By RYOKO NAKAMURA
Rafu Japanese Staff Writer
The Bureau of Street Services gave a presentation on the Little Tokyo Third Streetscape Improvements Project at the Planning and Cultural Preservation Committee’s monthly meeting held at the Japanese American Cultural and Community Center on June 20.
This $1 million grant project was started as a part of the Community Redevelopment Agency’s operation. However, after CRA was eliminated in February due to state budget cuts, the Los Angeles Department of Transportation and the Bureau of Street Services took over the construction. The CRA staff will remain to monitor the project.
According to Patricia Araiza and Scott Shimatsu from the Bureau of Street Services, the project includes improving sidewalks on Third Street between Alameda and San Pedro and upgrading three intersections, at Alameda, Central, and San Pedro.
Because the project borders two different districts, the Arts District and the Central Industrial District, the curb improvements will be implemented only on the north side of the street.
The main construction involves enhancing the curbs on the north side of Third Street at the three intersections to calm traffic and to reduce street-crossing distances for pedestrians. Development would also include new signs at crossings, featuring the neighborhood’s signature decorative fan, such as those currently seen at Second Street and San Pedro. Small landscaping improvements along the sidewalks and streetlights at bus stations are planned as well.
Depending on the community’s requests, the installation of benches or exercise equipment could be an option.
At the PCPC meeting, approximately 60 community members gathered, including about 30 senior residents from Little Tokyo Towers located on Third Street. The residents voiced their demand: the desperate need for a crosswalk at Omar and Third streets, near the main entrance of the apartment complex.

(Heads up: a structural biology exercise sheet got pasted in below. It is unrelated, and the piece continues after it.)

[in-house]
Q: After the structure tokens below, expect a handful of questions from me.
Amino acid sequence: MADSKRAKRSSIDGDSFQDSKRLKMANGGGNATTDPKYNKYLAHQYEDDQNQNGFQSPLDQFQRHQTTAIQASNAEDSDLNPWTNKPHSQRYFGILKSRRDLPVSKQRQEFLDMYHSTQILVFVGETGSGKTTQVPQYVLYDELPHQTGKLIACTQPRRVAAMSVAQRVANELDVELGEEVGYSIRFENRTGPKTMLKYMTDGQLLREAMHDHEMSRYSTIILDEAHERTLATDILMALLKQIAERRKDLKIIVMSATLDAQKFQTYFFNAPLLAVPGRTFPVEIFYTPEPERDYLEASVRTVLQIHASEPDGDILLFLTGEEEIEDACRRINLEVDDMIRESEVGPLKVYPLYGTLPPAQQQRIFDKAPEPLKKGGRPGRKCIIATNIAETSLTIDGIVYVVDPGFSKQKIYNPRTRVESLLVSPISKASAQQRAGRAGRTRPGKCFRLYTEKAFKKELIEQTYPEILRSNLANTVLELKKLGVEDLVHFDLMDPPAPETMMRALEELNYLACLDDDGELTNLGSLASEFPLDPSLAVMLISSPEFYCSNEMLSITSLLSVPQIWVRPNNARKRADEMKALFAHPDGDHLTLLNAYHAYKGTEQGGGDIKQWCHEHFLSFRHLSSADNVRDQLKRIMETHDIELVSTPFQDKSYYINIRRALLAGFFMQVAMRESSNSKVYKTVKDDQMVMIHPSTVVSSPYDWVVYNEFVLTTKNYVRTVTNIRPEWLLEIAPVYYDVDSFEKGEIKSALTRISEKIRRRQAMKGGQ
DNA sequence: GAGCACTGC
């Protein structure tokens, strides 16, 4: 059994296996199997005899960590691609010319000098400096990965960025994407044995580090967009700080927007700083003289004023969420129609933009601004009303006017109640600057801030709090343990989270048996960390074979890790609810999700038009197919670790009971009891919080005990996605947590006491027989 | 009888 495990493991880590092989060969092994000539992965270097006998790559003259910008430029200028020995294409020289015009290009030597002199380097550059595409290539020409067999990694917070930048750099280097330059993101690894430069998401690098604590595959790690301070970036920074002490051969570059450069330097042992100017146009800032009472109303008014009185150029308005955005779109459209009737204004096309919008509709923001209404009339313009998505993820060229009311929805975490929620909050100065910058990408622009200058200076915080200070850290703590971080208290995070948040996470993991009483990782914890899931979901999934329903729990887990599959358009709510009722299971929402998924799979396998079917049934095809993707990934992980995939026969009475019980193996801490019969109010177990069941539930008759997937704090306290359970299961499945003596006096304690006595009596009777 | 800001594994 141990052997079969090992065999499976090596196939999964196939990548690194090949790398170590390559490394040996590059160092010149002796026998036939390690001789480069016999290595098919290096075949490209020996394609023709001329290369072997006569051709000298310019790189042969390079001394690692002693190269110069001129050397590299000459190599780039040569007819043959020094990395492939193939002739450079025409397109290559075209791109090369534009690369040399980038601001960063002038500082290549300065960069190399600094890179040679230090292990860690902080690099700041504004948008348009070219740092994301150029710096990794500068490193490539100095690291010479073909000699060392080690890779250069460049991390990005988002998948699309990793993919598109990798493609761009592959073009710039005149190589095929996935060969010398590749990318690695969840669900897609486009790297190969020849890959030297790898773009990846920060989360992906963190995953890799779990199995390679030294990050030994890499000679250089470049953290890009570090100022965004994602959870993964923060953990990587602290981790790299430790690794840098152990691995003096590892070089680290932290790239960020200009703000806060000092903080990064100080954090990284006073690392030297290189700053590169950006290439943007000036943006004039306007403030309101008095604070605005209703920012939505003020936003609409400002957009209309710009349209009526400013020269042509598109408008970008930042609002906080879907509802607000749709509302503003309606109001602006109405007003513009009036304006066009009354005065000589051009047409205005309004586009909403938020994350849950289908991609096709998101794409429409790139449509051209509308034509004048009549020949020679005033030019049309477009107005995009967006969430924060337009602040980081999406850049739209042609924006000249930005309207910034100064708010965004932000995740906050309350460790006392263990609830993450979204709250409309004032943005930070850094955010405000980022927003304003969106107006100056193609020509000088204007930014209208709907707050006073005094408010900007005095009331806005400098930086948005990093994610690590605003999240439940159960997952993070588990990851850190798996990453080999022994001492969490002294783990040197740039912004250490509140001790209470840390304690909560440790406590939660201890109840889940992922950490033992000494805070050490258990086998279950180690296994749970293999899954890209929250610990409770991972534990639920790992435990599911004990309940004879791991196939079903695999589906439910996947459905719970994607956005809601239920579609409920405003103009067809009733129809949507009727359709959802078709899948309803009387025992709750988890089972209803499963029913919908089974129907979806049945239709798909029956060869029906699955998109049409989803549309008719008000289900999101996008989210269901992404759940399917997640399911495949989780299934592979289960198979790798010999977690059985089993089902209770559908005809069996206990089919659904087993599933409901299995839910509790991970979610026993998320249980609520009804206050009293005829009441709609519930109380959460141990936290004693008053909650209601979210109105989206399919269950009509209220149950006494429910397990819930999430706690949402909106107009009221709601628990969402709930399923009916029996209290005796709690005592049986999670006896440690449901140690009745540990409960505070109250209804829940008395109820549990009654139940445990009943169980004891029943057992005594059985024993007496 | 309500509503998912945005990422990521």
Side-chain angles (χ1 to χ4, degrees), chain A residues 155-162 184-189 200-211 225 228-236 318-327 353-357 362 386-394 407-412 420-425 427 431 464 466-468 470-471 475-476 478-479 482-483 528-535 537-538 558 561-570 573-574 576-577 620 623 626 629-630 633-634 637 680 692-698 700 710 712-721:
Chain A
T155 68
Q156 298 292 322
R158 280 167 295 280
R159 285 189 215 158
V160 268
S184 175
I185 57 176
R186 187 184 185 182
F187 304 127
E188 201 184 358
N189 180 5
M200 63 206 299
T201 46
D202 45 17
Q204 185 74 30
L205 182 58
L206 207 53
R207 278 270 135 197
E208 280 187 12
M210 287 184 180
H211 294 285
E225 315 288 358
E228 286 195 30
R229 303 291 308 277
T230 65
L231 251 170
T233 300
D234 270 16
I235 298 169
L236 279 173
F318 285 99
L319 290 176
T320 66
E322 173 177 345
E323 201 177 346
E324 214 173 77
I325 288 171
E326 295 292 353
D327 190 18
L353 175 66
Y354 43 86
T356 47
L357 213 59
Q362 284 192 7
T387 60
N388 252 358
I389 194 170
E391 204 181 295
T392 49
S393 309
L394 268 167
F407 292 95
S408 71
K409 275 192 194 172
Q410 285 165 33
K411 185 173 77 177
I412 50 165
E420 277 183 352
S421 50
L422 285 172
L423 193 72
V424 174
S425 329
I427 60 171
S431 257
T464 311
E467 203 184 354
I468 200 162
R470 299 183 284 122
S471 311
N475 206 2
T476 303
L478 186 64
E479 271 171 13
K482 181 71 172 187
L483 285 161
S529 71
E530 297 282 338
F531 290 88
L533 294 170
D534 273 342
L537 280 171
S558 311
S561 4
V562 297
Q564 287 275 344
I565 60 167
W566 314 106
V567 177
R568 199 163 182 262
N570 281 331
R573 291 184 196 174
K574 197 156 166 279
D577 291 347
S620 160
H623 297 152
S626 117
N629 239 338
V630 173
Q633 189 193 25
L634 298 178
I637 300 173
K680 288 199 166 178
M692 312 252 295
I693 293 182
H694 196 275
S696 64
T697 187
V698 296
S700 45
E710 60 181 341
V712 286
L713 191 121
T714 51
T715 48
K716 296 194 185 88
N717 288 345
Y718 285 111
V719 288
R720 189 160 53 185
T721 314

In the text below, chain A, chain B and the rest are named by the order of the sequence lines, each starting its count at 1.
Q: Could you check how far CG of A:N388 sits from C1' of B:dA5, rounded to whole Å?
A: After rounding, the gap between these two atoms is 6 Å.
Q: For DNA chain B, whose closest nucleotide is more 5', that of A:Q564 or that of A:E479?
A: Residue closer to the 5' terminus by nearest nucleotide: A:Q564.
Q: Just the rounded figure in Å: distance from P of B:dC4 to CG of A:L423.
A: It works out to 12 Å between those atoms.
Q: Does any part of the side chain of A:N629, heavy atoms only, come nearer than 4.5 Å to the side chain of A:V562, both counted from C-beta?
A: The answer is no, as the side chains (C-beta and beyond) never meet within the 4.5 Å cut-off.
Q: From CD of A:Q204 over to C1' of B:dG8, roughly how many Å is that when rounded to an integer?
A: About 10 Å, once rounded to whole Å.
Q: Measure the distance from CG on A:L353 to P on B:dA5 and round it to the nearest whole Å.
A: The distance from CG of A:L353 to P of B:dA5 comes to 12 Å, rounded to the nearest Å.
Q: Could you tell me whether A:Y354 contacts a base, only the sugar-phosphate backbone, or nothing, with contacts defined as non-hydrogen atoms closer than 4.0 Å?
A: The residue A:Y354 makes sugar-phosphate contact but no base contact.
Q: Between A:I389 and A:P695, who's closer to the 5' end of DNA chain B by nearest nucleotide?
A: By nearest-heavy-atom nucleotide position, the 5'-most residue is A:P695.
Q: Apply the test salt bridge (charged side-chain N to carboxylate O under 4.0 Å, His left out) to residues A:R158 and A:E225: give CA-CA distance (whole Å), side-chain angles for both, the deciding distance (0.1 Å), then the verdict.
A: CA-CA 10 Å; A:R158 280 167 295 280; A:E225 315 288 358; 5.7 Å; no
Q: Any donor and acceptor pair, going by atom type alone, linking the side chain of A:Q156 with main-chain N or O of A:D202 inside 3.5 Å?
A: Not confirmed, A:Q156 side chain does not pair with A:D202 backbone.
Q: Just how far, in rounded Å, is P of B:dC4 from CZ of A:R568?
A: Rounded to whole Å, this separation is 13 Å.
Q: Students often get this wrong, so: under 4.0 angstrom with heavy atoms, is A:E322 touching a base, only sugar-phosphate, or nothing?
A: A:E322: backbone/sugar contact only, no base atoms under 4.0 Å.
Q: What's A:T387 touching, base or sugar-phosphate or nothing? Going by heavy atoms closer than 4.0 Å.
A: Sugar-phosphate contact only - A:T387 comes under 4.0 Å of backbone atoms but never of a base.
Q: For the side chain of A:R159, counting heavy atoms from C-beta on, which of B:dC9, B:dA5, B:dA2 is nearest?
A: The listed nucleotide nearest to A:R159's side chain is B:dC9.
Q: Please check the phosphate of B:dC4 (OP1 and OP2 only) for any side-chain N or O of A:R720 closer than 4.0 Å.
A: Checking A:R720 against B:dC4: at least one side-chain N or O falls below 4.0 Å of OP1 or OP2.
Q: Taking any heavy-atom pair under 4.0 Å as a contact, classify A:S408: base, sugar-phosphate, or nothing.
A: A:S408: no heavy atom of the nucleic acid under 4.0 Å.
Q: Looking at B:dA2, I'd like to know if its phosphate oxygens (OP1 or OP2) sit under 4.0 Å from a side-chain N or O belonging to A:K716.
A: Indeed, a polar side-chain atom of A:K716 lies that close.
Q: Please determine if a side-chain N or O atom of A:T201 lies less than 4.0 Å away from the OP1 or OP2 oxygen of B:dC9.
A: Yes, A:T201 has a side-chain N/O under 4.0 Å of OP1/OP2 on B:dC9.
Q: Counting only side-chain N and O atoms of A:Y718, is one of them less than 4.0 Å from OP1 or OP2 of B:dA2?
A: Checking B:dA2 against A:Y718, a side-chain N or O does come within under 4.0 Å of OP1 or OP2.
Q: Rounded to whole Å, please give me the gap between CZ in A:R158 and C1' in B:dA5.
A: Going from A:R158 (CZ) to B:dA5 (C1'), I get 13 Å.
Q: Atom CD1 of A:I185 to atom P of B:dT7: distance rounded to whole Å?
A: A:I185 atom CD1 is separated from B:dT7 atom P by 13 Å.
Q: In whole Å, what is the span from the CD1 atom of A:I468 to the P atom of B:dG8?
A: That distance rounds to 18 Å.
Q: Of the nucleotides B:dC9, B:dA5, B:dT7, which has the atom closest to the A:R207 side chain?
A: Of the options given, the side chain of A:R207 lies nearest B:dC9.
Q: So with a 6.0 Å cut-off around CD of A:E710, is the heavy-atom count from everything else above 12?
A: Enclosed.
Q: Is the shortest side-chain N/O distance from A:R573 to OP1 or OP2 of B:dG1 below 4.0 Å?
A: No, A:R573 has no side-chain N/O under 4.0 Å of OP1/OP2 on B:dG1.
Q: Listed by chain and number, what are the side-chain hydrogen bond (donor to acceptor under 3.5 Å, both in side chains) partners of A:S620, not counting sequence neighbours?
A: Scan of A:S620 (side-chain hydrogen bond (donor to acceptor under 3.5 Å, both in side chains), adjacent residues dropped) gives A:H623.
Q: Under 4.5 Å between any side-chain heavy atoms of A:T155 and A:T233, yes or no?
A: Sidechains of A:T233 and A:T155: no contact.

May Matsumoto, a four-year resident of Little Tokyo Towers who is in her 90s, said, “We have to walk all the way to San Pedro with a cane or walker, cross Third Street, and then walk all the way back to where the doctors, a bank, and a beauty shop are. It’s very hard. Seniors need the crosswalk.”
Araiza said that LADOT, BSS, and CRA are fully aware of the need. However, “to justify building a crosswalk in the middle of a block, the city has to have a sufficient evidence of pedestrian numbers,” she explained.
The residents of Little Tokyo Towers submitted 300 signatures to support the creation of this crosswalk to LADOT three years ago, but the study conducted by LADOT was inconclusive and didn’t find enough demand.
Araiza emphasized that LADOT, BSS, and CRA plan to conduct another pedestrian count to see if there are currently enough pedestrians to implement the crosswalk. She also suggested that the community members submit letters or signatures to LADOT to support the claim that enough people would use the crosswalk.
PCPC is planning to invite representatives from LADOT to their July meeting for further discussion.